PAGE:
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The Reds’ ransom of el Jefe

24 December 2010

With a lot more wit than I can muster, Burro Hall nicely sums up the reaction so far to the re-appearance of Jefe Diego:

So far, about the only reasonably credible piece of information to come out since he got sprung is the fact that the ransom negotiations were headed up by Jefe Diego himself. Some people just don’t know how to delegate. Apparently the kidnappers wanted an Austin Powers-esque One…hundred…million…dollars! But El Jefe told ’em fuck you, 30 mil or I walk. So $30 million it was. In cash. US dollars. El Jefe just had it laying around. Other press reports are saying that he’s been free since Dec 11.

Opposition politician in Querétaro are now saying things like “How great that he’s re-appeared – if he really was kidnapped, that is,” while others are saying that it would be unfair of PAN to use the kidnapping to gain an advantage in the polls next year. We Americans have some experiences with right-wing politicians cashing in on their lengthy involuntary confinement, and we can tell you it’s never pretty.

Meanwhile, fingers are pointing at the Ejército de Liberación Nacional as the possible kidnappers, though there doesn’t appear to be any actual evidence for this…

Some question the  “evidence” that a kidnapping by anyone took place.

What struck me first about the so-called manifesto that appeared after Fernández de Cevallos was either released (or emerged from wherever he was holed up) was its clumsy, and prolix reiteration of the “alternative presidency” platform.  While I have my doubts that the Ejército de Liberación Nacional is even active — besides the “evidence” that they were involved in a pipeline sabotage last year also being dubious, its leadership would be in their late 70s or early 80s, if they’re even alive…and, back when they were active, Queretaro — from whence Fernández de Cevallos disappeared — was never ELN territory.  I’m even more dubious of the proposition that “former policemen” carried out the kidnapping.  Although badly written, “former policemen” don’t write manifestos, especially not manifestos beginning with a quote from Bertold Brecht’s Über das Töten — a fugitive essay written in 1933 or 34 and published posthumously in 1956.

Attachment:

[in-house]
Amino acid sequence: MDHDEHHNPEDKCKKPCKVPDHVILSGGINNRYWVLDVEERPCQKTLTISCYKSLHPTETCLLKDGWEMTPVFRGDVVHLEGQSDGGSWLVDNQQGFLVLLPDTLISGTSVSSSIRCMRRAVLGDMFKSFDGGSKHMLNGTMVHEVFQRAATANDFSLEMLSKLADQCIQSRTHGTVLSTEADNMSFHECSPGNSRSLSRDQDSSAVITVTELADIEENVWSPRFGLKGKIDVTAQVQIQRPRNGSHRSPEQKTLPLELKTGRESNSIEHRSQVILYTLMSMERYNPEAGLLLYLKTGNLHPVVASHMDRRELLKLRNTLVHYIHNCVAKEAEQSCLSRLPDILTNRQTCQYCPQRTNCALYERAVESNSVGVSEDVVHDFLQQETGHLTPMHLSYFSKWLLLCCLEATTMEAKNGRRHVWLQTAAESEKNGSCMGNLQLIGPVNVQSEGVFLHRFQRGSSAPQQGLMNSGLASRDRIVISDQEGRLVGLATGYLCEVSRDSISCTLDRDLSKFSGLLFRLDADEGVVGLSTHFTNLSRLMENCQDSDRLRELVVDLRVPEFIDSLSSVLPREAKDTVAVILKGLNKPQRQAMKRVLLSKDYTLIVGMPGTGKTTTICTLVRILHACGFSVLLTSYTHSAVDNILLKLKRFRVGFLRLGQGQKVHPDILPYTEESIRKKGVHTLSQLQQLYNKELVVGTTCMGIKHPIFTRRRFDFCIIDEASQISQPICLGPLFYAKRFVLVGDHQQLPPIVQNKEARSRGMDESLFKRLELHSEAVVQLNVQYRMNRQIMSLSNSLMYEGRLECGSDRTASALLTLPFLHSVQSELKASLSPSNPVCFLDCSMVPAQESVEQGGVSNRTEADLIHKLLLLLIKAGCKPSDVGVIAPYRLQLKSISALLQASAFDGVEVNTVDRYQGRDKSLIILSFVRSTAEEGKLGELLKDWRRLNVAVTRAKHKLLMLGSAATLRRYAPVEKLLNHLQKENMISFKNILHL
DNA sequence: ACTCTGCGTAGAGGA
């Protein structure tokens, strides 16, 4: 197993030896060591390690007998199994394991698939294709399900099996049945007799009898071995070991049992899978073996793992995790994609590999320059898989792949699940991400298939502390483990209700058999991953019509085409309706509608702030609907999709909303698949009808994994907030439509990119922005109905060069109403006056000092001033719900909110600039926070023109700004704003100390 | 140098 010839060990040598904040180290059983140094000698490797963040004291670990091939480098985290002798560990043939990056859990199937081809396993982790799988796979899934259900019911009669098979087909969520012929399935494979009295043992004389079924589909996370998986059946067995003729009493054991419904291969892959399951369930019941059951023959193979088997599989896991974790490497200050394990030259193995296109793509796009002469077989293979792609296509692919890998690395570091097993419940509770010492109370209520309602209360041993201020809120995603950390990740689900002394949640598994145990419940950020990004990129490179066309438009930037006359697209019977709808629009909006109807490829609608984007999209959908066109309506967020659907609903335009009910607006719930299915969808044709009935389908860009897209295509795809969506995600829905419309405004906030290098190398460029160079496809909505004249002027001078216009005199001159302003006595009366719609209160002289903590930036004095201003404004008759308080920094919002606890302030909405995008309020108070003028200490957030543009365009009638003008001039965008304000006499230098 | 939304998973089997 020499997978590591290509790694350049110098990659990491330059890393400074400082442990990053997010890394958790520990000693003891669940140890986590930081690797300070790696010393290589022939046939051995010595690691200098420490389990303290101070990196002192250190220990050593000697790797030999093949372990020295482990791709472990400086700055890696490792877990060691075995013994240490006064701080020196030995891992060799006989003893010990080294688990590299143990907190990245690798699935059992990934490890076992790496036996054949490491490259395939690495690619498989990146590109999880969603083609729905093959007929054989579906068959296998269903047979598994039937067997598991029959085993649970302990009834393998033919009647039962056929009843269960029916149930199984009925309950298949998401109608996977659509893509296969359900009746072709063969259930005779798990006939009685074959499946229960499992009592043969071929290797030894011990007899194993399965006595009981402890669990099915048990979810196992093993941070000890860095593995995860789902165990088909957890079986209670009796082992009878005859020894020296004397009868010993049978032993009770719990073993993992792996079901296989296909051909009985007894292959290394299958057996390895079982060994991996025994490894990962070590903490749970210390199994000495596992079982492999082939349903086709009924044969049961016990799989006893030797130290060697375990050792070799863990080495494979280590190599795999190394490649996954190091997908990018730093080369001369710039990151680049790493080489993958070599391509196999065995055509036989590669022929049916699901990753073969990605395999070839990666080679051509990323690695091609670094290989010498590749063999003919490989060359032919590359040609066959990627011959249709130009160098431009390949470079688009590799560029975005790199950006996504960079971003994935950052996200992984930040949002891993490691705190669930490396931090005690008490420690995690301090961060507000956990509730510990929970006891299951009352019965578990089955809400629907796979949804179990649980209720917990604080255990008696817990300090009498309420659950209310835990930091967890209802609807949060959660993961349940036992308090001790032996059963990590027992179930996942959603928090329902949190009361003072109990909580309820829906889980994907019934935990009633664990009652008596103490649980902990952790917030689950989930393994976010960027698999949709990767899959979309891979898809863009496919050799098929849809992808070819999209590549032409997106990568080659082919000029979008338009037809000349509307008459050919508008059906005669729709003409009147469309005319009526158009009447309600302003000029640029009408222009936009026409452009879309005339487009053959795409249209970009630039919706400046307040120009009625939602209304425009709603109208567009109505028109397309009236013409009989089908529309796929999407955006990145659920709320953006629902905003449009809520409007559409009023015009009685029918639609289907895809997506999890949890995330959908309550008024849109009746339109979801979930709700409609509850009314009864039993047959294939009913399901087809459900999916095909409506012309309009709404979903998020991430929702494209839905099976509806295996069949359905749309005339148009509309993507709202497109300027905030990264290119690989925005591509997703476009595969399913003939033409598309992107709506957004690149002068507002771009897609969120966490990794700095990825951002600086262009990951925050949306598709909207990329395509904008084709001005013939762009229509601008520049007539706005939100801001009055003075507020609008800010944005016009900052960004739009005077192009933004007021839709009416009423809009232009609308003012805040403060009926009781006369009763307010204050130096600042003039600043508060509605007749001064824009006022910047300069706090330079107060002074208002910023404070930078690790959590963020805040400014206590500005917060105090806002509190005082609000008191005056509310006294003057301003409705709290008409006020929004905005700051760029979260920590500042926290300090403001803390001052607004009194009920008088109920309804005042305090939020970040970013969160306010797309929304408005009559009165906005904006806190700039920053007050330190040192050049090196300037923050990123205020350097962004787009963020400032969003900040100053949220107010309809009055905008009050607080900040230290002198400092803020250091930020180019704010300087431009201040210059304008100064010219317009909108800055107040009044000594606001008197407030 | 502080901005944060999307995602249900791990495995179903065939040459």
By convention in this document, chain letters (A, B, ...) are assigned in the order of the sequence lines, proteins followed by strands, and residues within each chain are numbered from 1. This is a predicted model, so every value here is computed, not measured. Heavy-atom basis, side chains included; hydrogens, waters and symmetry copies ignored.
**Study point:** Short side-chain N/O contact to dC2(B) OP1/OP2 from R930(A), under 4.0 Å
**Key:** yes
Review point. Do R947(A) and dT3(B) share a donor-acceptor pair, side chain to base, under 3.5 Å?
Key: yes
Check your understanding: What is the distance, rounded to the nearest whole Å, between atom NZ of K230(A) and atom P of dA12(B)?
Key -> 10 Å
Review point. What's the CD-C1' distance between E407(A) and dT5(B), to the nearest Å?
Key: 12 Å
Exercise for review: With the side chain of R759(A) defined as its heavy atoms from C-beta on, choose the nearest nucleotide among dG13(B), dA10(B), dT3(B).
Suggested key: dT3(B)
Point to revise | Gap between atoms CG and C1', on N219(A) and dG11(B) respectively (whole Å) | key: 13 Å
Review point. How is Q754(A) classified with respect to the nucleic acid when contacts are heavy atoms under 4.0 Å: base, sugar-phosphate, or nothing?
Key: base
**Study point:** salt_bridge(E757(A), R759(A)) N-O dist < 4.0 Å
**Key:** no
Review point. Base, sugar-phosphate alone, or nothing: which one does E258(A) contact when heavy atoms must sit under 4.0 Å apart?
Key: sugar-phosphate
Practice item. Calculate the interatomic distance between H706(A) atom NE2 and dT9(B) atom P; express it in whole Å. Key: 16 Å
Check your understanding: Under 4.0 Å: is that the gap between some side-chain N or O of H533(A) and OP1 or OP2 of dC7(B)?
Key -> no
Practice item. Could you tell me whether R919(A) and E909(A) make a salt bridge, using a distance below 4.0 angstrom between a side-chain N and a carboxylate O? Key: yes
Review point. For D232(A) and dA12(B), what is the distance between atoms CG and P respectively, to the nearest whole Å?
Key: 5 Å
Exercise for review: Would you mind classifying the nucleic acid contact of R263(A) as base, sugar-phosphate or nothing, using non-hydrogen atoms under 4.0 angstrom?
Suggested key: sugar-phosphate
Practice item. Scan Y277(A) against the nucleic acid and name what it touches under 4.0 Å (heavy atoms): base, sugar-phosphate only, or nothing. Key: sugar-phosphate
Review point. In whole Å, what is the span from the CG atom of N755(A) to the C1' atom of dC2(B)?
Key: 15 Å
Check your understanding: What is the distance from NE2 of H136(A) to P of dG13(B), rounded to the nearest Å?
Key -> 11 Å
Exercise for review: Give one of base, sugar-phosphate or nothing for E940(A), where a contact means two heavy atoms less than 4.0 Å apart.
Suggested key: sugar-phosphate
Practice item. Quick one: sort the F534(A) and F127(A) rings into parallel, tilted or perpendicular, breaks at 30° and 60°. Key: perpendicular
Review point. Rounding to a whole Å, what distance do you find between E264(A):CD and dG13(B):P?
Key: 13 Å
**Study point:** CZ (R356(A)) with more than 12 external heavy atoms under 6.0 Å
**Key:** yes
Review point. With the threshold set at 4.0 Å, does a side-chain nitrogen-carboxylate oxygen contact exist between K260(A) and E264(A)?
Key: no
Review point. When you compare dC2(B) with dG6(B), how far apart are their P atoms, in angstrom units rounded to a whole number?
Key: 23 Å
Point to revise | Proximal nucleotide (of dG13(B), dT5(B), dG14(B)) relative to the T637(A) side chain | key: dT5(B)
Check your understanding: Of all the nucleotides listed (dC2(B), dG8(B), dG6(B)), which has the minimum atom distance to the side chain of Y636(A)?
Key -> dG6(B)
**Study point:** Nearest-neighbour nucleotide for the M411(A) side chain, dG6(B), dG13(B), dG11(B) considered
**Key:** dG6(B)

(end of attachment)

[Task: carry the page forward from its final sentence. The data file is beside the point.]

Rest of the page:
The classics established no statues that forbade killing.  They were the most compassionate of human beings, but they saw enemies of humanity before them who could not be overcome through persuasion.  All that the classics strived for was to create the kind of conditions under which it was no longer necessary to kill anyone.  That fought against the violence that abuses, and the violence with impedes the movement.  They did not hesitate to oppose violence with violence.

There is no such thing as forensic literary criticism, and I’m not all that into playing amateur CSI guy.   I’d just say that Epilogo de una desaparión is too Lopez-Obradorish (in its complaints) to be from ELN and  is the output of reasonably well-educated people, which rather eliminates another popularly suggested group of kidnappers, “former policemen”.  Although the ELN is typically Marxist, and might include people who’ve read obscure works by Brecht, as a “popular liberation front”, it would be unlikely to appeal to the Mexican masses (or to the Mexican elites for that matter) with quotations from a German playwright’s political essay justifying the Stalin’s purge of the Bolsheviks.  I’d guess you’d need at least a master’s in Marxist Studies — or a lot of luck and a good search engine — to figure out the quote.  My translation was largely based on David Pike’s “Lukács and Brecht” U of North Carolina Press, 1985, page 233).   Pike explains the quote this way: “Killing was acceptable if it occurred as part of a regulated revolutionary process.  The ‘classics’ — Marx and Engels — had given their blessing to selective killing, after all,  because  it would take place in order to do away with killing.”